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WCU-4: An insight into a versatile camera control system

WCU-4: An insight into a versatile camera control system

If you come from a Photography or fix lens Camcorder background, one of the most confusing and daunting things to get your head around when making the leap into Digital Cinematography can be the world of F.I.Z.

Focus, Iris and Zoom are all controlled manually at all times. This allows the D.O.P (Director of Photography) to craft an image without a computer inside the camera, trying to calculate or manipulate an image. It’s a hard thing to transition from if you shoot still images with E-TTL (Electronic Through the Lens Metering) where a Camera sets the correct exposure for you.

These functions are controlled by a Focus Puller or more commonalty known as a 1st AC (First Assistant Camera). Over the past two decades the 1st AC position has moved away from being directly connected with the camera, known as ‘pulling off the barrel’ or ‘using a manual follow focus’. The 1st Ac would often find themselves having to fit into tight spaces such as the footwell of a car to be able to control the functions of the camera. Thankfully this can now be done wirelessly, with innovations such as the Steadicam in the late 1970s and early 80s, to the more recent innovations such as gimbals and drones.

Almost as many F.I.Z (Wireless Lens Control) systems exist as Cameras. At JJ Media, we wanted to be able to offer a system that could provide a versatile solution that would be reliable and as intuitive as possible. No other system offered what the Arri WCU-4 could.

The WCU-4 is actually the name of the hand unit Wireless Compact Unit 4. Almost all Wireless Follow Focus Systems are comprised of 3 integral components. (Apart from the Alexa Mini, which we will come back to later)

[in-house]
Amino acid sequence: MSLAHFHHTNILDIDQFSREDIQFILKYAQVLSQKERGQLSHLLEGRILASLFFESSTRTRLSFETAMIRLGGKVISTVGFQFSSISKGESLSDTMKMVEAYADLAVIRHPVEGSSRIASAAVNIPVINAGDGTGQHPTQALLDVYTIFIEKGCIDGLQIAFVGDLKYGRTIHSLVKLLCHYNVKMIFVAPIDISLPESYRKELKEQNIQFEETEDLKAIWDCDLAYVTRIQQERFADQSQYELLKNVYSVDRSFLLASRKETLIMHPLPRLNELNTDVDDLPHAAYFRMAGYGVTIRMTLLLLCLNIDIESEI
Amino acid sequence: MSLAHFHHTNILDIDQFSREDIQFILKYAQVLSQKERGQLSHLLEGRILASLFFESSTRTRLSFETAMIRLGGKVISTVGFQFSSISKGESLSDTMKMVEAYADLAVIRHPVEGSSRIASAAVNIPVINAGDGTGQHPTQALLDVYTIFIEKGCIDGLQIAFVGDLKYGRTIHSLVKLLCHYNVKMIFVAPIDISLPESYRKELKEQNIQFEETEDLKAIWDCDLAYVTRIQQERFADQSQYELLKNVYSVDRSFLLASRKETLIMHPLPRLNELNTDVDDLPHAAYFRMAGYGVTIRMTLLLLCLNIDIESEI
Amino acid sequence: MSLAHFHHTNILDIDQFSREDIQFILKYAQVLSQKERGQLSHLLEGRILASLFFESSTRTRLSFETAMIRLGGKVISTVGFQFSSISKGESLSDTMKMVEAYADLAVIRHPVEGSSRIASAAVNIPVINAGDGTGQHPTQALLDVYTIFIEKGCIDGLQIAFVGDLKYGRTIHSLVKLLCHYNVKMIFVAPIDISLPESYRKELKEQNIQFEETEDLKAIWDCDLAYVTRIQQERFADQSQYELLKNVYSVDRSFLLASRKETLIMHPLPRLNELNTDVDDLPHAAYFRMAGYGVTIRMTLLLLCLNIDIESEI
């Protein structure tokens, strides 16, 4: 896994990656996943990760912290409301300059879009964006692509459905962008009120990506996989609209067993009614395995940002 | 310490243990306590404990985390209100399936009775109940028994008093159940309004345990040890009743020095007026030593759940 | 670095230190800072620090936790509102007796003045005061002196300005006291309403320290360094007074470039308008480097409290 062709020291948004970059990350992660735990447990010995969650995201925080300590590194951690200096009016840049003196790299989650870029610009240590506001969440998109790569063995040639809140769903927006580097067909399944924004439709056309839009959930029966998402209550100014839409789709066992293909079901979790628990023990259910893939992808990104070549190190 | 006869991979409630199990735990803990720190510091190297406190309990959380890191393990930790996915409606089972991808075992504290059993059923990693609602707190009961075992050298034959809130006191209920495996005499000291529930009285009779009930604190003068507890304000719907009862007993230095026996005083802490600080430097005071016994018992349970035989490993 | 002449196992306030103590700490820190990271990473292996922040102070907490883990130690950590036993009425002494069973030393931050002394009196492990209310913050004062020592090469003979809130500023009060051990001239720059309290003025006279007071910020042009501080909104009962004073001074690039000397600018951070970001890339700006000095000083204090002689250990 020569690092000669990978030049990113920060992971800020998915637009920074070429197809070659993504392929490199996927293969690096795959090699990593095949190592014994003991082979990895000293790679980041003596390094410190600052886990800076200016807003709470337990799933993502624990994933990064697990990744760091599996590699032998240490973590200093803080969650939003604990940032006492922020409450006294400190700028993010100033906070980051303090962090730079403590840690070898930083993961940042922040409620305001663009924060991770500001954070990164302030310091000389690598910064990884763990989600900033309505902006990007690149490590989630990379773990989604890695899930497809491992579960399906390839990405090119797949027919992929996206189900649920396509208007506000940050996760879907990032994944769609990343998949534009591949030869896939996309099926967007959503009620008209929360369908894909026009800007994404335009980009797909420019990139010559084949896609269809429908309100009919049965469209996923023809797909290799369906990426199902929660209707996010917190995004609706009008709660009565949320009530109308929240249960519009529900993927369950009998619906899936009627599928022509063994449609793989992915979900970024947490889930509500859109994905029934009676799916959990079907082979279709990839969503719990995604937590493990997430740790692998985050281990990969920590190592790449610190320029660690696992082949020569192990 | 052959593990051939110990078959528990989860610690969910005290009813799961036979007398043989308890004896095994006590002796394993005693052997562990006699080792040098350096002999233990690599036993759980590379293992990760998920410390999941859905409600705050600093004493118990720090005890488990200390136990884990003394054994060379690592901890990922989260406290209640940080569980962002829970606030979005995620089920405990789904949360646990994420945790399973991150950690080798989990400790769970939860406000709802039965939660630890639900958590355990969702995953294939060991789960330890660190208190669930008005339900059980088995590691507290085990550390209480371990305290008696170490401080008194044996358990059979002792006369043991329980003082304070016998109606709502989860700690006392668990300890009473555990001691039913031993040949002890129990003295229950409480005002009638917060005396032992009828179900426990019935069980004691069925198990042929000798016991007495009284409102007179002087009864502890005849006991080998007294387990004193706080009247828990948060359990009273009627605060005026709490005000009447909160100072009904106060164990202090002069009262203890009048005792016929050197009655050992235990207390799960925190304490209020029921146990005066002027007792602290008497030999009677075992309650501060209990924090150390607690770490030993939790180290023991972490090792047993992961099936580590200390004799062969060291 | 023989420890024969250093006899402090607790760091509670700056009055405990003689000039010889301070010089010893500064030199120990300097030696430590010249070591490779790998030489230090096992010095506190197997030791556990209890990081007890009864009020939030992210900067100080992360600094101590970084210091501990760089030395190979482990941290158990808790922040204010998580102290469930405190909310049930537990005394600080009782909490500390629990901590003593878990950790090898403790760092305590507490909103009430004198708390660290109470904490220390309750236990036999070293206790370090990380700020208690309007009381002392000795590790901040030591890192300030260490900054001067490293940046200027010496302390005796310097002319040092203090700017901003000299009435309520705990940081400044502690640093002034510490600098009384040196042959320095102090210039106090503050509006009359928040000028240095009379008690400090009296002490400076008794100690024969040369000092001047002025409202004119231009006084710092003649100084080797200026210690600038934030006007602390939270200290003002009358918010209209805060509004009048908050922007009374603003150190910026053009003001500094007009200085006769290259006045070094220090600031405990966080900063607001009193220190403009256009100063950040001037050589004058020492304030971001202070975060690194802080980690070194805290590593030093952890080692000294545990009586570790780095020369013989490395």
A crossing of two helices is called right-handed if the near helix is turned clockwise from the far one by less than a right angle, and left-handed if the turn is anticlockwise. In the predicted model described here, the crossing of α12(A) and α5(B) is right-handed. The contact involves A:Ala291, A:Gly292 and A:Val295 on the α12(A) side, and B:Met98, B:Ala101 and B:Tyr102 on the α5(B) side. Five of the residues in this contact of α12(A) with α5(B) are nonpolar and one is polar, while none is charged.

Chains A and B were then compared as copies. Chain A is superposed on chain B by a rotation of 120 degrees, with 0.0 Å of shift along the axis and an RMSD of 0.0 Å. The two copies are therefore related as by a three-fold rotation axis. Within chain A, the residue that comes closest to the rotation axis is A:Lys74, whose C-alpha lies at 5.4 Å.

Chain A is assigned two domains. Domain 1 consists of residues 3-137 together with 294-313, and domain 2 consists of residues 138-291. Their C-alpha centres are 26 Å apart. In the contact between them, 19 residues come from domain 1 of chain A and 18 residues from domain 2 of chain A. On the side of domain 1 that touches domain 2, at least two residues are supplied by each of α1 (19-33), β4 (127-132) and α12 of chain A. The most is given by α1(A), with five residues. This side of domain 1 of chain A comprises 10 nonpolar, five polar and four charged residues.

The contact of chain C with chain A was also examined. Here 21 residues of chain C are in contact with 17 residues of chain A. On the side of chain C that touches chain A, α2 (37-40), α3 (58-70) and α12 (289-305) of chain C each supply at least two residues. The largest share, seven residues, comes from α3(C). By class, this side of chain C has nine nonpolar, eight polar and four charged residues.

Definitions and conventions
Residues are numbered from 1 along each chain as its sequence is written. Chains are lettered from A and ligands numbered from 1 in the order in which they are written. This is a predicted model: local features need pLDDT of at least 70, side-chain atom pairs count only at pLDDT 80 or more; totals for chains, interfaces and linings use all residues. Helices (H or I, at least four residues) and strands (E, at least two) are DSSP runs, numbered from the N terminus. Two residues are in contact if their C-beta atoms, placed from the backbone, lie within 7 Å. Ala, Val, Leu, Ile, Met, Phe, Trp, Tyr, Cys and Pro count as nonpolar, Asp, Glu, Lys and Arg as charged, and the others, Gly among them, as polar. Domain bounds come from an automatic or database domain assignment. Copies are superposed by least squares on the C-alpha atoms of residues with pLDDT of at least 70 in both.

1. The Hand Controller (In this case the WCU-4)
2. A Brain (At JJ we Have the Arri AMC-1 short for Active Motor Controller 1)
3. Motors (At JJ Media we have C-Force Mini Motors)


The WCU-4  (Hand Controller) connects to the AMC-1 (Brain) wirelessly and is powered by a reachable battery.

The AMC-1 Requires external power, this is where it becomes complex. Some Cameras will be able to provide external power output and some won’t. For instance, if you are planning to use this configuration with an Arri AMIRA, you will need to take SMC/EMC/AMC to RS cable from RS port on the AMIRA to the AMC-1.  For a Sony F5 or F55, you will need a different cable. All of these cables provide Power and Run / Stop. Allowing you to start and stop the camera from recording directly from the WCU-4 Handset.

But cameras such as a Canon C300MKII or Sony FS-7 do not feature a power output, so the common solution of  V-lock power plate, that features a D-Tap (power output) can be used to power both the camera and AMC-1 at the same time. A C300 Run / Stop and D-Tap cable are available.
The AMC-1 then connects to the motors (Cforce Mini Motors). Uniquely the Cforce Mini Motors daisy chain from one Motor to the next using an LBUS Cable. Other F.I.Z  systems run three interdependent cables from the brain to each motor.


Once you have your AMC-1 powered and connected to the camera and the Cforce Mini Motors mounted on 15mm or 19mm rails, it’s as simple as plugging in the LBUS cable from the AMC-1, then daisy chaining onto the second and third motor.

The Alexa Mini is the only camera that doesn’t require an AMC-1  or “Brain”.  The camera is able to communicate with the WCU-4 directly, it also features an LBUS connection to be able to power the motors.

Frequently Asked Questions

Q: I’m using Canon EF primes from my DSLR my C300MKII, will this work?

A: Yes, you can use any lens, but since Canon stills lenses do not feature ‘teeth’ for the motor to be able to turn the lens.

Q: I’ve never used a Wireless Follow Focus is it hard?

A: Before renting, why not visit us and get a hands-on overview?

Q: Why don’t I simply use Autofocus?

A: The Camera doesn’t always know what you want to be in focus. Cinematography grade lenses are always manual focus, allowing them to be built to the highest possible standards.